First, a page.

A village regains control

HotSpot: Three years after part of Long Reach received the designation, crime is down -- as are residents' complaints.

March 27, 2000|By Kris Antonelli | Kris Antonelli,SUN STAFF

The metal folding chairs in the Long Reach village satellite police station, once filled with angry residents who complained of drug trafficking, loitering and public drunkenness, are mostly empty now when community meetings are held.

Street names once familiar to police rarely appear on the daily crime blotter.

Attendance at monthly community meetings "has started to trail off," said John Snyder, vice president of the Long Reach Village Board. "As in all things, if everyone is happy, then they don't come out to complain. I guess that is a good sign."

Three years after a half-mile patch of territory in Long Reach village was designated a crime "HotSpot" by the Governor's Office of Crime Control and Prevention, violent crime has dropped 40 percent and other types of crime are down 12.5 percent. Residents seem to be satisfied that they are again in control of their community.

Long Reach is one of 62 areas in the state that has been designated a HotSpot. All of the communities, including Long Reach, receive state money to run satellite police stations and anti-crime programs.

Harper's Choice was named a HotSpot last year, and in the next few weeks, police will open a satellite office in the village center there that will serve as a kind of program centerpiece.

HotSpot team members from the Police Department, parole, probation and the state's attorney's office will work in the office. And the presence of police officers in marked cruisers -- who can stop by as they patrol the neighborhood to use computers or to write reports -- will give the shopping center a feeling of safety.

At the Long Reach satellite office on Cloudleap Court, Officer Lisa Myers, parole and probation agent Joe Parks and other team members hold regular meetings to organize community events. Probationers check in with Parks in the satellite office, and Myers holds monthly community meetings there.

The presence of police officers and the buzz of activity around the office have had a calming effect at the shopping center, which often had complaints of loitering and drug dealing.

"Things certainly seem to have curtailed around here," said Tom Winter.

Winter lives in Heatherstone, a townhouse community that was feuding with Sierra Woods, a neighboring apartment complex. The dispute centered on a wooden rail fence surrounded by bushy pine trees. At night, a group of men hung out there in the shadows, drinking and using drugs.

Each community blamed the other for the problems. Then one evening, Myers brought them together to find solutions. Five representatives from each neighborhood sat on metal folding chairs arranged in a circle inside the police satellite office, Snyder recalled.

"I remember the moment when [Myers] and I looked around and saw on one side of the room five white men and on the other, five black women," he said. "I thought I couldn't imagine two more different groups in America today, but we soon realized that we had the same issues, a need for safety."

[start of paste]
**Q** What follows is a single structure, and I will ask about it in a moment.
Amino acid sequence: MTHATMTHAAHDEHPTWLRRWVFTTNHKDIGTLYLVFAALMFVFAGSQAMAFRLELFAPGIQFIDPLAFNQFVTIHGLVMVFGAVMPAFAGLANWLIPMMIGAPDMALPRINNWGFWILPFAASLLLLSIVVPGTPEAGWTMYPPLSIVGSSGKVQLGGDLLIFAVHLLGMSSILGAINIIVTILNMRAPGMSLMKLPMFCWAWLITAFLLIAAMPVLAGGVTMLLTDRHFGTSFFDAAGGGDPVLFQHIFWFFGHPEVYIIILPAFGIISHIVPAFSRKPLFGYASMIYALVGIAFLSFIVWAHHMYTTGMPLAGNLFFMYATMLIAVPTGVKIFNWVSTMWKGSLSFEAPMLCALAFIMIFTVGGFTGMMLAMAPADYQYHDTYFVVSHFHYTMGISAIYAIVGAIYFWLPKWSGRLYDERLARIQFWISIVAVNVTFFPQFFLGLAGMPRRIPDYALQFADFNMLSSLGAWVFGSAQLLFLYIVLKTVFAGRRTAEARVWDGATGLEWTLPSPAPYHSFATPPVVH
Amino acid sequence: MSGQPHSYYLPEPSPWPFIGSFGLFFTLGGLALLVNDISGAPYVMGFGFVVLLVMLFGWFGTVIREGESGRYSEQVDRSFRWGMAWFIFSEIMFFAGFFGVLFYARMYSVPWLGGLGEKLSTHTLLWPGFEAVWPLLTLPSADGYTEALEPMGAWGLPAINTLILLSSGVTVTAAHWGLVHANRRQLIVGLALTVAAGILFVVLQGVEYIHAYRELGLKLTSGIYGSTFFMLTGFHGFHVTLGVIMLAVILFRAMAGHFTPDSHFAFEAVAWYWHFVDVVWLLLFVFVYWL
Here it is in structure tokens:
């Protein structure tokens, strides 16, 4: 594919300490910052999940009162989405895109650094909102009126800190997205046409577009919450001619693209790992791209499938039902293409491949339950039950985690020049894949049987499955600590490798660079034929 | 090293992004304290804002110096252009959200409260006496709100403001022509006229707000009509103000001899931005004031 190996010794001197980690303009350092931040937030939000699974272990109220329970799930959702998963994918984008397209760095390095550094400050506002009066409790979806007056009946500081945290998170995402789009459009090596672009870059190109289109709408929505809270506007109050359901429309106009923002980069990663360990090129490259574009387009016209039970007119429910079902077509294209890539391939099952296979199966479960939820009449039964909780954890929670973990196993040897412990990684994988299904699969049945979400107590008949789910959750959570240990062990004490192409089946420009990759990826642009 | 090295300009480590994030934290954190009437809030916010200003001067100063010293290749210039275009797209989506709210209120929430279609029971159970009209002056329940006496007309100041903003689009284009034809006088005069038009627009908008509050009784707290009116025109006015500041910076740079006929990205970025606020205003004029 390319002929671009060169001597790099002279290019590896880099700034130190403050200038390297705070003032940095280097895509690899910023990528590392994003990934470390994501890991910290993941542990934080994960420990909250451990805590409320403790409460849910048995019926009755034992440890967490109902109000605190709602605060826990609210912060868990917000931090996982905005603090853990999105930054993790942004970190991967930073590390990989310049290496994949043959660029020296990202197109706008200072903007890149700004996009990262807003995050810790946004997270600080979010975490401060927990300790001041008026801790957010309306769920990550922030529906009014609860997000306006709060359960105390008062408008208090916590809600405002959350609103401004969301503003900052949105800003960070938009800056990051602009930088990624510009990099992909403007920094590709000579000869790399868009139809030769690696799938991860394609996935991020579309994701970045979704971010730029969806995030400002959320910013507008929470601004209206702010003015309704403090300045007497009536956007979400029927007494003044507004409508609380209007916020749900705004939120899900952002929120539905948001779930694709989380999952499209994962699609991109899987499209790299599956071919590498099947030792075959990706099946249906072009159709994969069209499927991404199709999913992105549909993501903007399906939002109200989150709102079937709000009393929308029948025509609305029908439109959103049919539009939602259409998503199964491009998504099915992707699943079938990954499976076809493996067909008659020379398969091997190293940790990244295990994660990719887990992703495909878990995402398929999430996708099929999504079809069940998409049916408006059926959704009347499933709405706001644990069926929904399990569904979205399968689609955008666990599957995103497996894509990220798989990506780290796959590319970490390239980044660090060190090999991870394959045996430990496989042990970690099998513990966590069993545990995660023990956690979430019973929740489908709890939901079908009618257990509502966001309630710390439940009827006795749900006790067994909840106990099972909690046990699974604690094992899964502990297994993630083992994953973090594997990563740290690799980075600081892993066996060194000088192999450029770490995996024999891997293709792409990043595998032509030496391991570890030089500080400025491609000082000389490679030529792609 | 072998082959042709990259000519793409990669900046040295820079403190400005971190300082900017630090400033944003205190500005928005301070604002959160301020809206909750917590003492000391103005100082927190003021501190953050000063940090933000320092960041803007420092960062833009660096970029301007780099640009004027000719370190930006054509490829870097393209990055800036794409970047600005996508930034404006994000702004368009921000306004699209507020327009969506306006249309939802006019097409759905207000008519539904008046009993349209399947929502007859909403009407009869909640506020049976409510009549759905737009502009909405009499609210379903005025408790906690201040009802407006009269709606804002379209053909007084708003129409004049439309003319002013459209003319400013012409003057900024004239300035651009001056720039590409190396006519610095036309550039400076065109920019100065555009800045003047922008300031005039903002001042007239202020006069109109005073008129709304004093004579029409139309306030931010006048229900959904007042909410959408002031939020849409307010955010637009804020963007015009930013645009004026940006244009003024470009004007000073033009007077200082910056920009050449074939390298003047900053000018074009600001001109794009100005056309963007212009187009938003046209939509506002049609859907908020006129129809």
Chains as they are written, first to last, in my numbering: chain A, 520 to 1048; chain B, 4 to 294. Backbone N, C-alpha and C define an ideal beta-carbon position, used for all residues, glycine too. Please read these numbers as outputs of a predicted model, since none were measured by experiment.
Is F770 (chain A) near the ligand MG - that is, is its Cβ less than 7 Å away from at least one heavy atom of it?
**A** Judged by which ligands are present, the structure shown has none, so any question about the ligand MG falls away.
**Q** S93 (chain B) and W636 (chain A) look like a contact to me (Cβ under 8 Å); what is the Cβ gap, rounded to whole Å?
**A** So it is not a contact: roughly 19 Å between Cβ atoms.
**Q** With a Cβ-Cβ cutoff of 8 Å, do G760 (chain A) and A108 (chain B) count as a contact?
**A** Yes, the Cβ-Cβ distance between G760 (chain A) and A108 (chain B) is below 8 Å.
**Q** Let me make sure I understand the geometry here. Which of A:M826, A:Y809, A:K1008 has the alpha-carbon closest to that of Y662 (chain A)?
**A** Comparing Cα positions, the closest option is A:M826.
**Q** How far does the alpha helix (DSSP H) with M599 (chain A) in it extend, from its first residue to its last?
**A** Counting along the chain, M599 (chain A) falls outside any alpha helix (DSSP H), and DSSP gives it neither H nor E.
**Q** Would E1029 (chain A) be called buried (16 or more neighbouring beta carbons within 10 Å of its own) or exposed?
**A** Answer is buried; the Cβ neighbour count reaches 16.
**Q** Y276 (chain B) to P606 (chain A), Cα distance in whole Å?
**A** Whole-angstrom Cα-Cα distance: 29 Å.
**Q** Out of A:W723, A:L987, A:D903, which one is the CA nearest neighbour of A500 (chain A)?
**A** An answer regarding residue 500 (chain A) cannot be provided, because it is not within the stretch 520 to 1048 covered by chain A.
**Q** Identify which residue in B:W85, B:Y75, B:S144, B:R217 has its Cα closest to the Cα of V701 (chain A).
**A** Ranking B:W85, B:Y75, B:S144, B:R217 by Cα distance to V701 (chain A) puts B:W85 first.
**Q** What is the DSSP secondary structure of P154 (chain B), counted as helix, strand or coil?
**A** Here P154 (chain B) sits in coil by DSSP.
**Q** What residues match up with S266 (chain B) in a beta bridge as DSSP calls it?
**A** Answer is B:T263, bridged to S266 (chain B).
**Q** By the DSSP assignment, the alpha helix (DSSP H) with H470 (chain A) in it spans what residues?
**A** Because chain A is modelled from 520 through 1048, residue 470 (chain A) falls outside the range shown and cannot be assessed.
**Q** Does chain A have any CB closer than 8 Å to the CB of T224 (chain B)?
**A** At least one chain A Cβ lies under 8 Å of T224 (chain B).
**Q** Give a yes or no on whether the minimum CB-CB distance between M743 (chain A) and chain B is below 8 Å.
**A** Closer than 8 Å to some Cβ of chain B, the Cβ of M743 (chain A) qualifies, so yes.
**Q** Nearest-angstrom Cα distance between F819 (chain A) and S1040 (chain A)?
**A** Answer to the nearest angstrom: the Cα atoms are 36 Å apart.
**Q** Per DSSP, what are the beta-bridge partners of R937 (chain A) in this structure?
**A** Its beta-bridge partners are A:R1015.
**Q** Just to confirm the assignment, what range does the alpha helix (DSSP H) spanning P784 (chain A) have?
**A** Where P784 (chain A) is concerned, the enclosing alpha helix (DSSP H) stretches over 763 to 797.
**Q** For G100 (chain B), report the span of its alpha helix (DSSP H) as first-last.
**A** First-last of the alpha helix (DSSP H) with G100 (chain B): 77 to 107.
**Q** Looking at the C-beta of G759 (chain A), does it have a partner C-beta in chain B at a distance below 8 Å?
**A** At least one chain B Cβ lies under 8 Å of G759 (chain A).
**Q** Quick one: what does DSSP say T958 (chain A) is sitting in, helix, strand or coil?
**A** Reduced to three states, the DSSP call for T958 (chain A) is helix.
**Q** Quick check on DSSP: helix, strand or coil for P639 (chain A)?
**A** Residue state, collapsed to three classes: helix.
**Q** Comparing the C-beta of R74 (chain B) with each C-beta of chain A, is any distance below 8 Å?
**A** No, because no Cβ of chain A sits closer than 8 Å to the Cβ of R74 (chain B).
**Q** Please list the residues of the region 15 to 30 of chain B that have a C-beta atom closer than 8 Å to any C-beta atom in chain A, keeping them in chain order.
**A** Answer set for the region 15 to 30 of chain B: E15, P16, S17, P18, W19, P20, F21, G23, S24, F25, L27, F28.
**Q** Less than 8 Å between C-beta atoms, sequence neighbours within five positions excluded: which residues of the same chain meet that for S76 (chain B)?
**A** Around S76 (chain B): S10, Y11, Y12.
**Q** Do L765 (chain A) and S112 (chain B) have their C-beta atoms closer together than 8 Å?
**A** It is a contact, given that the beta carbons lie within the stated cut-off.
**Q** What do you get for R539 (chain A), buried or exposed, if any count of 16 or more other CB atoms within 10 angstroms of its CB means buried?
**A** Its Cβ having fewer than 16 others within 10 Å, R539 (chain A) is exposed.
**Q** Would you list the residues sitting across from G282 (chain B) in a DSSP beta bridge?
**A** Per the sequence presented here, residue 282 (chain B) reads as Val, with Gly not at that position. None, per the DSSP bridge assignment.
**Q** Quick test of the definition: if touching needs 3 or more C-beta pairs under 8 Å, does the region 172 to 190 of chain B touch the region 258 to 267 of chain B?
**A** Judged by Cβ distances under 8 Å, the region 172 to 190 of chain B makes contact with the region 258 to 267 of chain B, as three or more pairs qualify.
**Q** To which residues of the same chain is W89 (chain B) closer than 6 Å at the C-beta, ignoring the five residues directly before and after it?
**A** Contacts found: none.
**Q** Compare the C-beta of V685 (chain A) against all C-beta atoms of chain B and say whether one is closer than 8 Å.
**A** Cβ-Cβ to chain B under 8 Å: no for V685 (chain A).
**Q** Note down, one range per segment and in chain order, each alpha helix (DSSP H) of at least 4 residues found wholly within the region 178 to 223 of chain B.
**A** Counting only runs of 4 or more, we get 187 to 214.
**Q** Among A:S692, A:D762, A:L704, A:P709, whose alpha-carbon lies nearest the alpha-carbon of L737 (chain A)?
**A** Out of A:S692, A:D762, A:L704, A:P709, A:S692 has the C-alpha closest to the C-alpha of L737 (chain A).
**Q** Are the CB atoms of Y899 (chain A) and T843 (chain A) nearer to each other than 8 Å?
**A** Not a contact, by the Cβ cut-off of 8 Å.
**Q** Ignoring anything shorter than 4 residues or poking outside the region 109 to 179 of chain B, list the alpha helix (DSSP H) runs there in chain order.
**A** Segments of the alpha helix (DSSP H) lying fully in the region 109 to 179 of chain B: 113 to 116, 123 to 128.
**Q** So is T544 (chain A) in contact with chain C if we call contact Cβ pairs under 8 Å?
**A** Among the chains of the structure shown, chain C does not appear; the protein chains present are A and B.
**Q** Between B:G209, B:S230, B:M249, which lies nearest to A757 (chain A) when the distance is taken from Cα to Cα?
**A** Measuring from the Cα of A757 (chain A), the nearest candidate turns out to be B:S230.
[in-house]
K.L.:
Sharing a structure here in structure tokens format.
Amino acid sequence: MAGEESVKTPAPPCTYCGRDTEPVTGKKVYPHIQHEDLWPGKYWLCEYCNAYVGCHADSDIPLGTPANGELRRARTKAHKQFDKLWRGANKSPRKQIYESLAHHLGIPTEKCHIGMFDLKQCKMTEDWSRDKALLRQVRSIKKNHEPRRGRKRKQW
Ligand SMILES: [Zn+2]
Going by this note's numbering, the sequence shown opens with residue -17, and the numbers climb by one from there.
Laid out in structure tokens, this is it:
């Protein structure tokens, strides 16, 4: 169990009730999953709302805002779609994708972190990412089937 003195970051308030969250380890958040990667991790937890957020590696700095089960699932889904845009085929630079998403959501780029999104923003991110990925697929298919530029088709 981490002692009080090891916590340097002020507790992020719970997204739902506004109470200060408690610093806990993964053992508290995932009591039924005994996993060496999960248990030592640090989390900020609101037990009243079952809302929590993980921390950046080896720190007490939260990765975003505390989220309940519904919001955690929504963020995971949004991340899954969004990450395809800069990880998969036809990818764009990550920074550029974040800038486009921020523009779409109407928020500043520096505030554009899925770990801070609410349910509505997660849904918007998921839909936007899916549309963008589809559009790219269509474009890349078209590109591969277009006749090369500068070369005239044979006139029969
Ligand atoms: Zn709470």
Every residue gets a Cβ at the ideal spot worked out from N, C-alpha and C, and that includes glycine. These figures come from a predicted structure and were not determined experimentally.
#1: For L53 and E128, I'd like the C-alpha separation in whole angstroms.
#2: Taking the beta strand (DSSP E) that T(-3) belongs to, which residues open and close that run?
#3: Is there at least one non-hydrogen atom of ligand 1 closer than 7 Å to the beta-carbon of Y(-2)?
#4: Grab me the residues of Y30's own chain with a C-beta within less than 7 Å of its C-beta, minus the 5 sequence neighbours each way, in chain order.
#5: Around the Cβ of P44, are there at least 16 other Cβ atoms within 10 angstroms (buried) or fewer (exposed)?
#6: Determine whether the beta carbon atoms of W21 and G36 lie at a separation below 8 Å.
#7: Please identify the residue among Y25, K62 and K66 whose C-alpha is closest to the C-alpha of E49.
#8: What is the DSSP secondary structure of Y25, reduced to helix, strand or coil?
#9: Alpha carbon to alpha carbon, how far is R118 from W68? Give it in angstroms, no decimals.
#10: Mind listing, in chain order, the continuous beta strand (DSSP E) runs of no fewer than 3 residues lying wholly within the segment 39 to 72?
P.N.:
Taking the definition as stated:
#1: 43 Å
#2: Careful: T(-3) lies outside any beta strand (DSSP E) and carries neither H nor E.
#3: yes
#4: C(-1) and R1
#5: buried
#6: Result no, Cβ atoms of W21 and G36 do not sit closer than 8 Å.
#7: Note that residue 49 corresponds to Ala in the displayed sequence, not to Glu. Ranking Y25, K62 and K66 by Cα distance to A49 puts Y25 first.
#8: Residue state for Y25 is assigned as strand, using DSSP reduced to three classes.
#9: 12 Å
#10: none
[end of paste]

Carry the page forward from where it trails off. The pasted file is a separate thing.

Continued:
From that point, Winter said, the two groups worked together and with the Columbia Association and police to cut back the trees and install lighting around the fence.

`No place to hide'

"There is no place for them to hide anymore and do their criminal activity," Winter said.

Residents also worked with the association to have bushes pulled from around the foot tunnel at Hayshed and Tamar Drive where groups of people used to hide in the shadows and drink at night.

"I still wouldn't go through the tunnel when the sun goes completely down," Winter said. "But it has made a difference."

Improvements have also been seen on Yellow Rose Court -- a single street of 60 townhouses that is less than half a mile long -- where last year there were more calls for service than there were houses.

In July, residents went to Myers with their complaints of drug trafficking, burglaries and destroyed property. In September, undercover police officers made several arrests, and Sue Parker, the covenant adviser for Long Reach, visited the street to investigate covenant violations on several properties.

"I think things have really settled down there," Myers said. "At our last meeting with the homeowners association, they said they wanted to work on some things to bring the community together."

`A ghost town at night'

But the Long Reach community, Winter and Snyder said, probably would not have come together if it had not been for the HotSpot and the police satellite office that serves as a central point of action. Renovations at the village center, which included additional lighting, also made a difference.

"Before the renovations," Snyder said, "it was a ghost town at night. But now, at 10 p.m., there are people shopping at Safeway and they apparently feel safe coming out at night."

The HotSpot, Myers and Parks said, is about motivating the community against crime.

"The best thing about the HotSpot is that it's basically about community policing and partnerships," Parks said.

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